Something God has never been without is philanthropia, love of humanity, and this divine attribute was manifested in Christ. Here’s how Paul puts it in Titus 3:3-7:
For we ourselves were once foolish, disobedient, led astray, slaves to various passions and pleasures, passing our days in malice and envy, hated by others and hating one another. 4 But when the goodness and loving kindness (ἡ χρηστότης καὶ ἡ φιλανθρωπία) of God our Savior appeared, 5 he saved us, not because of works done by us in righteousness, but according to his own mercy, by the washing of regeneration and renewal of the Holy Spirit, 6 whom he poured out on us richly through Jesus Christ our Savior, 7 so that being justified by his grace we might become heirs according to the hope of eternal life.
God’s philanthropia –I’ll keep using Greek to flag this as a special word, and to compensate for several modern Bible translations not quite doing justice to it– was an important theme in patristic theology. An easy place to pick up the thread of the discussion is to trace it through Khaled Anatolios’ excellent 2011 book Retrieving Nicaea: The Development and Meaning of Trinitarian Doctrine. The word is woven throughout the book –and indexed!
Anatolios begins the story with Athanasius, who used the idea of divine philanthropia to critique a notion of divine presence that assigned transcendence to the Father and immanence to the Son. An eminent churchman like Eusebius of Caesarea, even at his best, was, er, not un-guilty of this. But
Athanasius offers an alternative construal of the character of divine transcendence. Instead of assigning divine transcendence and immanence to the Father and Son respectively, he construes them as attributes that belong to divine being as such and are harmonized through the category of philanthropia, God’s love for humanity. While God is by nature inaccessible, he makes himself accessible to creation through his love. No distinct mediating being is needed because the divine nature mediates its own transcendence through God’s loving condescension…. Characterizing God primarily in terms of philanthropia and mercy –attributes whereby God can transcend his own transcendence– explains why no mediating being is needed and how the incarnation accords with the character of God’s being and the divine deportment in the act of creation. (p. 104)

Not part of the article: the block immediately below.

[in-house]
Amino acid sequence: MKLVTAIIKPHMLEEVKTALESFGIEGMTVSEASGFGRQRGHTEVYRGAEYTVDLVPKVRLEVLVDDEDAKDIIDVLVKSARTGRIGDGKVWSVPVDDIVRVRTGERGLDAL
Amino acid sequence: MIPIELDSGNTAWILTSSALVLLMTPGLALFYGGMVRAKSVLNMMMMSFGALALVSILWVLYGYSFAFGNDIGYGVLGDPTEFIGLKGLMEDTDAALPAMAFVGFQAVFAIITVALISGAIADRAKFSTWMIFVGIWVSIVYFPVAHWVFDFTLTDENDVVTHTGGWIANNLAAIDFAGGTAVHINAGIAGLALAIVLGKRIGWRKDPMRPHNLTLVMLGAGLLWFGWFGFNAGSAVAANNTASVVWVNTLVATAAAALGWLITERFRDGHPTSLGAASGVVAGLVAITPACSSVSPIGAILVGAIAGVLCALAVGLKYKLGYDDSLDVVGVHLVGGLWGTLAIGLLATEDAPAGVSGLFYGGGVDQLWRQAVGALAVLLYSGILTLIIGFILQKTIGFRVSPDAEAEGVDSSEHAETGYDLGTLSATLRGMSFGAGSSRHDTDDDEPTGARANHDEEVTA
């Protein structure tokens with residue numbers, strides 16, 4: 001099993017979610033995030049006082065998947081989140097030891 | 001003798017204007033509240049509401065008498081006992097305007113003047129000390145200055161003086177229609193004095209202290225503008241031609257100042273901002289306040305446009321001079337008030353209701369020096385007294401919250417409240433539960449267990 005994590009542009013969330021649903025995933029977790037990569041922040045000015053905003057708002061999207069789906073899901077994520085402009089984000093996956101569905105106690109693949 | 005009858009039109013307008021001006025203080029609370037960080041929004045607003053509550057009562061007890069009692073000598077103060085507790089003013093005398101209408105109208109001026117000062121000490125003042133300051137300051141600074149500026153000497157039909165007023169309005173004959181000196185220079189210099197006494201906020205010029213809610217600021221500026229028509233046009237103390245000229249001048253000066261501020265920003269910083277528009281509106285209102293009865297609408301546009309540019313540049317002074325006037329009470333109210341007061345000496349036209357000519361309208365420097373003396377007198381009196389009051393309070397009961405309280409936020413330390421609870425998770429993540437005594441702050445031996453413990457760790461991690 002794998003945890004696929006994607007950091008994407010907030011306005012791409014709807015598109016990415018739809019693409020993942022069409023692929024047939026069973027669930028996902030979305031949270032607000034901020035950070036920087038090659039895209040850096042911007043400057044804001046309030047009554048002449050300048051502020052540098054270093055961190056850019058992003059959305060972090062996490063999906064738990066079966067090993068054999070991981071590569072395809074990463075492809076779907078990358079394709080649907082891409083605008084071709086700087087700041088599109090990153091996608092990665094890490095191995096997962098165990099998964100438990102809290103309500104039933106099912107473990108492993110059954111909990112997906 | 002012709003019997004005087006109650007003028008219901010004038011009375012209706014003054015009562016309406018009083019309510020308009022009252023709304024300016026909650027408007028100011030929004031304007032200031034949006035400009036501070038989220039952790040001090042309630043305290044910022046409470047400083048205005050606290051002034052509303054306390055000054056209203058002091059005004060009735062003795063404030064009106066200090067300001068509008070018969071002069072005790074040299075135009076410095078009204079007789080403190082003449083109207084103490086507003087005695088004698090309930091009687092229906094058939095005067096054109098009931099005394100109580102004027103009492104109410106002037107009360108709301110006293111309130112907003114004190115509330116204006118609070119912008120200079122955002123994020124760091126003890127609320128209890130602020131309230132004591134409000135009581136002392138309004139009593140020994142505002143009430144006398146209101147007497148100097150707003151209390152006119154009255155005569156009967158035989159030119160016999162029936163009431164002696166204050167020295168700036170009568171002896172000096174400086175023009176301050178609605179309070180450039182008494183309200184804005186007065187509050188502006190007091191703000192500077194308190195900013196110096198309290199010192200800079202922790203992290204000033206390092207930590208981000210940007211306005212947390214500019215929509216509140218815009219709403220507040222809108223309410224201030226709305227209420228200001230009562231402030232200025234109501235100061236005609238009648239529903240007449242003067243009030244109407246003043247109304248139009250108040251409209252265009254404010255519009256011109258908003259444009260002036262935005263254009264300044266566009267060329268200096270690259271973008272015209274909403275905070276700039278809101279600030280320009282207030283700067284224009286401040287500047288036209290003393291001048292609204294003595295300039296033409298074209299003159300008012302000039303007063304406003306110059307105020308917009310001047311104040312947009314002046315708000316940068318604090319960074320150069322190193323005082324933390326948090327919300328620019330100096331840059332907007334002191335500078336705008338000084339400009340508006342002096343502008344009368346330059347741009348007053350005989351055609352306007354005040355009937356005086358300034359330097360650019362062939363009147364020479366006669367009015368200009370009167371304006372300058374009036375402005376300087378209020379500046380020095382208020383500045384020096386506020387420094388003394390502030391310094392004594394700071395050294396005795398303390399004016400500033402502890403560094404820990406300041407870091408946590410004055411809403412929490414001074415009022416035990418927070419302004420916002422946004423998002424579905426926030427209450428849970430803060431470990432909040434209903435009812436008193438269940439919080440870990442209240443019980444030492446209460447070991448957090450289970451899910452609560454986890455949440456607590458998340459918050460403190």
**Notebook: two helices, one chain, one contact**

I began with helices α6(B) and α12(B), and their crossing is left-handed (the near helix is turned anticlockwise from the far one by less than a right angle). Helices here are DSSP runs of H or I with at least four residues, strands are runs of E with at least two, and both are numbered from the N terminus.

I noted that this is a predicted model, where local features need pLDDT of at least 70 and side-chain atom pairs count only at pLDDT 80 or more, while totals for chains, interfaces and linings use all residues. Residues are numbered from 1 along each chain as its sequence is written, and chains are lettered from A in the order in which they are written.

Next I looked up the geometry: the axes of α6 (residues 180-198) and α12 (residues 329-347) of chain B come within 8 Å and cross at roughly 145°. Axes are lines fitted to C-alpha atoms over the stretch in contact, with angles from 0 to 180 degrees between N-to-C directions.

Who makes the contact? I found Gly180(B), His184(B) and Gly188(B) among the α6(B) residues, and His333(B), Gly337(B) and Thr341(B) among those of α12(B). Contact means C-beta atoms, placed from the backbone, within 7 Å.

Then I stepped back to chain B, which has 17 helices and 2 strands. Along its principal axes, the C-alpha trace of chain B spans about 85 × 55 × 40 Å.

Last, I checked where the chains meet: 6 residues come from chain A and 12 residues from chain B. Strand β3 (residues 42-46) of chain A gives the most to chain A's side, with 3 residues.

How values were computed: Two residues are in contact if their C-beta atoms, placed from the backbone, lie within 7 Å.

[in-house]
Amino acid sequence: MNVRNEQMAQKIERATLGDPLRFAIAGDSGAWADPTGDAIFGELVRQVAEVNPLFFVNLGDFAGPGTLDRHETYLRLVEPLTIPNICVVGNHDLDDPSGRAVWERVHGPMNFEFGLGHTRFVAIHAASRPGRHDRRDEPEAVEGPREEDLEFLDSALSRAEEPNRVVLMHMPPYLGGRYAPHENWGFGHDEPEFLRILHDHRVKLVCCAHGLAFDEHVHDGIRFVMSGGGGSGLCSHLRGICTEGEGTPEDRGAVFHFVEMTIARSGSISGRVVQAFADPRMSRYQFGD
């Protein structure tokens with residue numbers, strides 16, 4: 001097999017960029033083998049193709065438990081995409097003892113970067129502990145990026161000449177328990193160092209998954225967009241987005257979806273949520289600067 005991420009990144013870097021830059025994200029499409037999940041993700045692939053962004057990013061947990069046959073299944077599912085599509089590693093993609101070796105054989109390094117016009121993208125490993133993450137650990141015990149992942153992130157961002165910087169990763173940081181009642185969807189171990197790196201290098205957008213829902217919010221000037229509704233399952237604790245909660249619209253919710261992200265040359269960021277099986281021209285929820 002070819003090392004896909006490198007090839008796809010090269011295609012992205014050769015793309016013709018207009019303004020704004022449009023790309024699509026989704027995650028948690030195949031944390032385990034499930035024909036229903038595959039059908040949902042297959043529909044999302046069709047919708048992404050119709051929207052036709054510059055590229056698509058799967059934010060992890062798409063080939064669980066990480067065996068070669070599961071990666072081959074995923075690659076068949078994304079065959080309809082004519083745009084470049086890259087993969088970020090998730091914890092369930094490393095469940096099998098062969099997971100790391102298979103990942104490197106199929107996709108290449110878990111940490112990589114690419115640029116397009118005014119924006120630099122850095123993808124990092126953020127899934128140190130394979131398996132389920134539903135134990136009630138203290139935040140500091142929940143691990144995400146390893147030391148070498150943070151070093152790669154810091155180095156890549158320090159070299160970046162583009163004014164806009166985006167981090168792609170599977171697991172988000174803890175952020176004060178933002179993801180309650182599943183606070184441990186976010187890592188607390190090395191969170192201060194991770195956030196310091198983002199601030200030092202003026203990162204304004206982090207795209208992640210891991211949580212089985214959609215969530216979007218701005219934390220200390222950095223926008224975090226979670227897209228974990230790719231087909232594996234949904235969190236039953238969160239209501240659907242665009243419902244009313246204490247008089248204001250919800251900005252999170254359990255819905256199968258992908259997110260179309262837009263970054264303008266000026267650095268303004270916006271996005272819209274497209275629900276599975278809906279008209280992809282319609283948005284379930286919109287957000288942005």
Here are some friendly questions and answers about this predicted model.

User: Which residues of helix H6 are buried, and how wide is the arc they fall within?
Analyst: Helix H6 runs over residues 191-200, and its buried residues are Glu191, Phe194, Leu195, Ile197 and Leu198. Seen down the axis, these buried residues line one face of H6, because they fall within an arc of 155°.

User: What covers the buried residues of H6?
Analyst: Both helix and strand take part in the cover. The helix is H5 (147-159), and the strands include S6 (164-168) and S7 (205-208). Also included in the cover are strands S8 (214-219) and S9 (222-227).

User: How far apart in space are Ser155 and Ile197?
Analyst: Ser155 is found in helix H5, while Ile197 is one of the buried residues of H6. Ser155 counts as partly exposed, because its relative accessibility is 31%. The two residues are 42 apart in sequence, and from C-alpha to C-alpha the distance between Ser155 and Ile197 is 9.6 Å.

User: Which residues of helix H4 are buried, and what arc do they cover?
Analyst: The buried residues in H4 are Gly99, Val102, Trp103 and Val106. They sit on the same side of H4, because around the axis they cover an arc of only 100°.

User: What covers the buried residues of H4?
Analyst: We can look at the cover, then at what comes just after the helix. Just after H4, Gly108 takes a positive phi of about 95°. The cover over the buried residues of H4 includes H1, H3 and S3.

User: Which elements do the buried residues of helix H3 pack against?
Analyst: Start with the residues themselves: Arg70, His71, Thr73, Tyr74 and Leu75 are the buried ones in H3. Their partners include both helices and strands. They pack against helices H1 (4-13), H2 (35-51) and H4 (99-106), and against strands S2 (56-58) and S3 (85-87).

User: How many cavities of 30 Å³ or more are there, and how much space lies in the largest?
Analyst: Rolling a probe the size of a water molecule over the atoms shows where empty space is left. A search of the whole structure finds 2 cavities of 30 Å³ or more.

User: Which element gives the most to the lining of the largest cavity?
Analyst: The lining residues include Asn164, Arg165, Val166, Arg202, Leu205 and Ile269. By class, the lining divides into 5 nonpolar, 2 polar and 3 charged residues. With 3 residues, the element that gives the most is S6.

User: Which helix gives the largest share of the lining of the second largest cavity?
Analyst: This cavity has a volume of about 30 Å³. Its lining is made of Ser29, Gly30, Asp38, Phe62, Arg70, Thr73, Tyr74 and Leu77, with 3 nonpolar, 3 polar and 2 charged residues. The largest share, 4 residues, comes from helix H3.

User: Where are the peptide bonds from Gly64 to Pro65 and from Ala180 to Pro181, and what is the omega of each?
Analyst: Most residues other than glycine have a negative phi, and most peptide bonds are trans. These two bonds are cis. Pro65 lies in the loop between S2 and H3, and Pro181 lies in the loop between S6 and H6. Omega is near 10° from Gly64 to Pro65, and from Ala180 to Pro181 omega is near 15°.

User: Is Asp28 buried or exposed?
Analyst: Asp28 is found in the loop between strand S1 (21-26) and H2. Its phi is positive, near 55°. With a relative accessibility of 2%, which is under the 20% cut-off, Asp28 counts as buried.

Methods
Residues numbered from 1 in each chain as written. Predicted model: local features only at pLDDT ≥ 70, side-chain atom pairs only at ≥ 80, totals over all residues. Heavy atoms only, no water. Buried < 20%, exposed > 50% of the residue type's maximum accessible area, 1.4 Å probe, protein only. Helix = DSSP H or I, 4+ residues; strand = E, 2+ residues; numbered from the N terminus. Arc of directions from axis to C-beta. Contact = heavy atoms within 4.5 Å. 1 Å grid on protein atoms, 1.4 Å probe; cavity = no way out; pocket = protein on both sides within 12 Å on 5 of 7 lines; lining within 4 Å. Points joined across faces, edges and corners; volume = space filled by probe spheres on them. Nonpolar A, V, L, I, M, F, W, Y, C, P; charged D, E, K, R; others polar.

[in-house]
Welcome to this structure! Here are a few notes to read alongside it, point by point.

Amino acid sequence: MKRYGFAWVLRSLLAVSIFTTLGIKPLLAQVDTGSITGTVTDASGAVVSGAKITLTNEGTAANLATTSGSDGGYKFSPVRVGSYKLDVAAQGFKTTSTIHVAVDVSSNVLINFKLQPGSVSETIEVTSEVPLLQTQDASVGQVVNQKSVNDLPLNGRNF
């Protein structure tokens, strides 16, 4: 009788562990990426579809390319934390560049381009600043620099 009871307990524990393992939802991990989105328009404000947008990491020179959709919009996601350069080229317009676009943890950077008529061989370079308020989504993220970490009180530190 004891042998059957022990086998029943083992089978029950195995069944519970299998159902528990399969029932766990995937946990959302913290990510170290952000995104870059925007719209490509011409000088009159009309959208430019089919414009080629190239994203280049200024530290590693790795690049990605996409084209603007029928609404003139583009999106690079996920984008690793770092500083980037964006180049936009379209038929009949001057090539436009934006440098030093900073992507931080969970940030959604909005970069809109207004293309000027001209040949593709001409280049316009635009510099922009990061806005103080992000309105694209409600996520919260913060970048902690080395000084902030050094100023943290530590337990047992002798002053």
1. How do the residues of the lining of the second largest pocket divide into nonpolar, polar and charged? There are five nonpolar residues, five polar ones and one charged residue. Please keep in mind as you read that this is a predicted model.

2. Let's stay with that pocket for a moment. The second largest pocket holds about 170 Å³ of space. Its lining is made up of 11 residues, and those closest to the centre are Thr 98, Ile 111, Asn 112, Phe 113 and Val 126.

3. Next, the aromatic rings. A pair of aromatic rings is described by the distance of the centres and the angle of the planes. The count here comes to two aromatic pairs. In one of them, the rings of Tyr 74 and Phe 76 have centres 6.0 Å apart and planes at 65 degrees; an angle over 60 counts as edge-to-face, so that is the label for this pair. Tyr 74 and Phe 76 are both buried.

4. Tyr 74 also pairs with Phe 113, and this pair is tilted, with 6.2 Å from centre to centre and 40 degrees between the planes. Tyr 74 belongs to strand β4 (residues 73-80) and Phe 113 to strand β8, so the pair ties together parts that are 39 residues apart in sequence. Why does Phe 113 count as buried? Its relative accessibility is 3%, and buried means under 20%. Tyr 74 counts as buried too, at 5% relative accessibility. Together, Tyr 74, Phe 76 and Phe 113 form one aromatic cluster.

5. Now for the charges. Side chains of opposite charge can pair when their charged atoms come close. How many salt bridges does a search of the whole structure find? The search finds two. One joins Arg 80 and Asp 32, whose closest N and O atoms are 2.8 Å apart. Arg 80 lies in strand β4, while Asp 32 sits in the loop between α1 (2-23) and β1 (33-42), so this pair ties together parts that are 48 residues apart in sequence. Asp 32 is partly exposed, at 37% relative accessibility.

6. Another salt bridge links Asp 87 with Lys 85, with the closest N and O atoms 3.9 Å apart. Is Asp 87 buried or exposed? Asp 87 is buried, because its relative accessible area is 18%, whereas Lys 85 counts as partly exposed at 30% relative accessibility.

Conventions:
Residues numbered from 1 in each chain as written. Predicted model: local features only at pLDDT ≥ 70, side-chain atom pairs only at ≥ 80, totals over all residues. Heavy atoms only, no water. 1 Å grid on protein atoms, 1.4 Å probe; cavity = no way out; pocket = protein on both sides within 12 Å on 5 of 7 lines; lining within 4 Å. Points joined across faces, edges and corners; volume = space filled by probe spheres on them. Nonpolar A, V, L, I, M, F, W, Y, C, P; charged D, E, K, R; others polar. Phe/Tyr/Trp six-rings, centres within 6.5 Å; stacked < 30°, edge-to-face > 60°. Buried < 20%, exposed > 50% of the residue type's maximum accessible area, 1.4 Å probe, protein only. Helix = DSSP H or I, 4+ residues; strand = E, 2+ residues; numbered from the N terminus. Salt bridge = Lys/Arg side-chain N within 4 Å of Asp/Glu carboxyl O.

Later Anatolios refers to “the philanthropia that is equally shared by Father and Son” (108).
If some of Anatolios’ way of putting things (“transcend his own transcendence!”) seems to stretch beyond the scope of Paul’s usage, Anatolios is nevertheless capturing something that the Greek fathers saw clearly in Titus which more recent interpreters have missed. Think of the oddness of Paul’s locution in Titus 3:4: “the philanthropia of God our Savior appeared.” This is a far cry from the “when the fullness of time had come, God sent forth his Son” of Galatians 4. In the Titus formulation, Father and Son are telescoped into each other both by the peculiar circumlocution “the appearing of philanthropia” and by the polysemy of “God our Savior.”
Q: Did the Father send the Son?
Q: So… that’ s a yes?
A: Here’s a clue: “He saved us through the Holy Spirit who he poured out on us through Jesus Christ our Savior.”
Why would a pro-Nicene theologian like Athanasius ever want to de-emphasize the distinction between the Father and the Son? In order to clarify the fact that Father and Son are on the same side of the majesty-condescension continuum. If the weak side of fourth century theology was falling into the trap of construing Jesus Christ’s lowliness as a revelation of his eternal lowliness or subordination to the Father in essence, Athanasius pushed back: “the condescension of the incarnation does not indicate that the Word was lowly in his very nature but rather that the self-abasement was a manifestation of the philanthropia of the divine nature” (Anatolios, 119). Or again,
The pro nobis of the Son is located in his economic self-abasement, which in turn is grounded in the philanthropia of the divine nature rather than in a putative secondary divinity.
Anatolios traces much more in the use of this term: from Athanasius it is picked up in Gregory of Nyssa, and it is unfolded in more pneumatological ways, ultimately yielding a kind of trinitarian analogy within the structure of human community. It’s really remarkable to see how much heavy lifting the notion did in Greek patristic thought. Let’s do more with it in the future; it’s right there in Titus.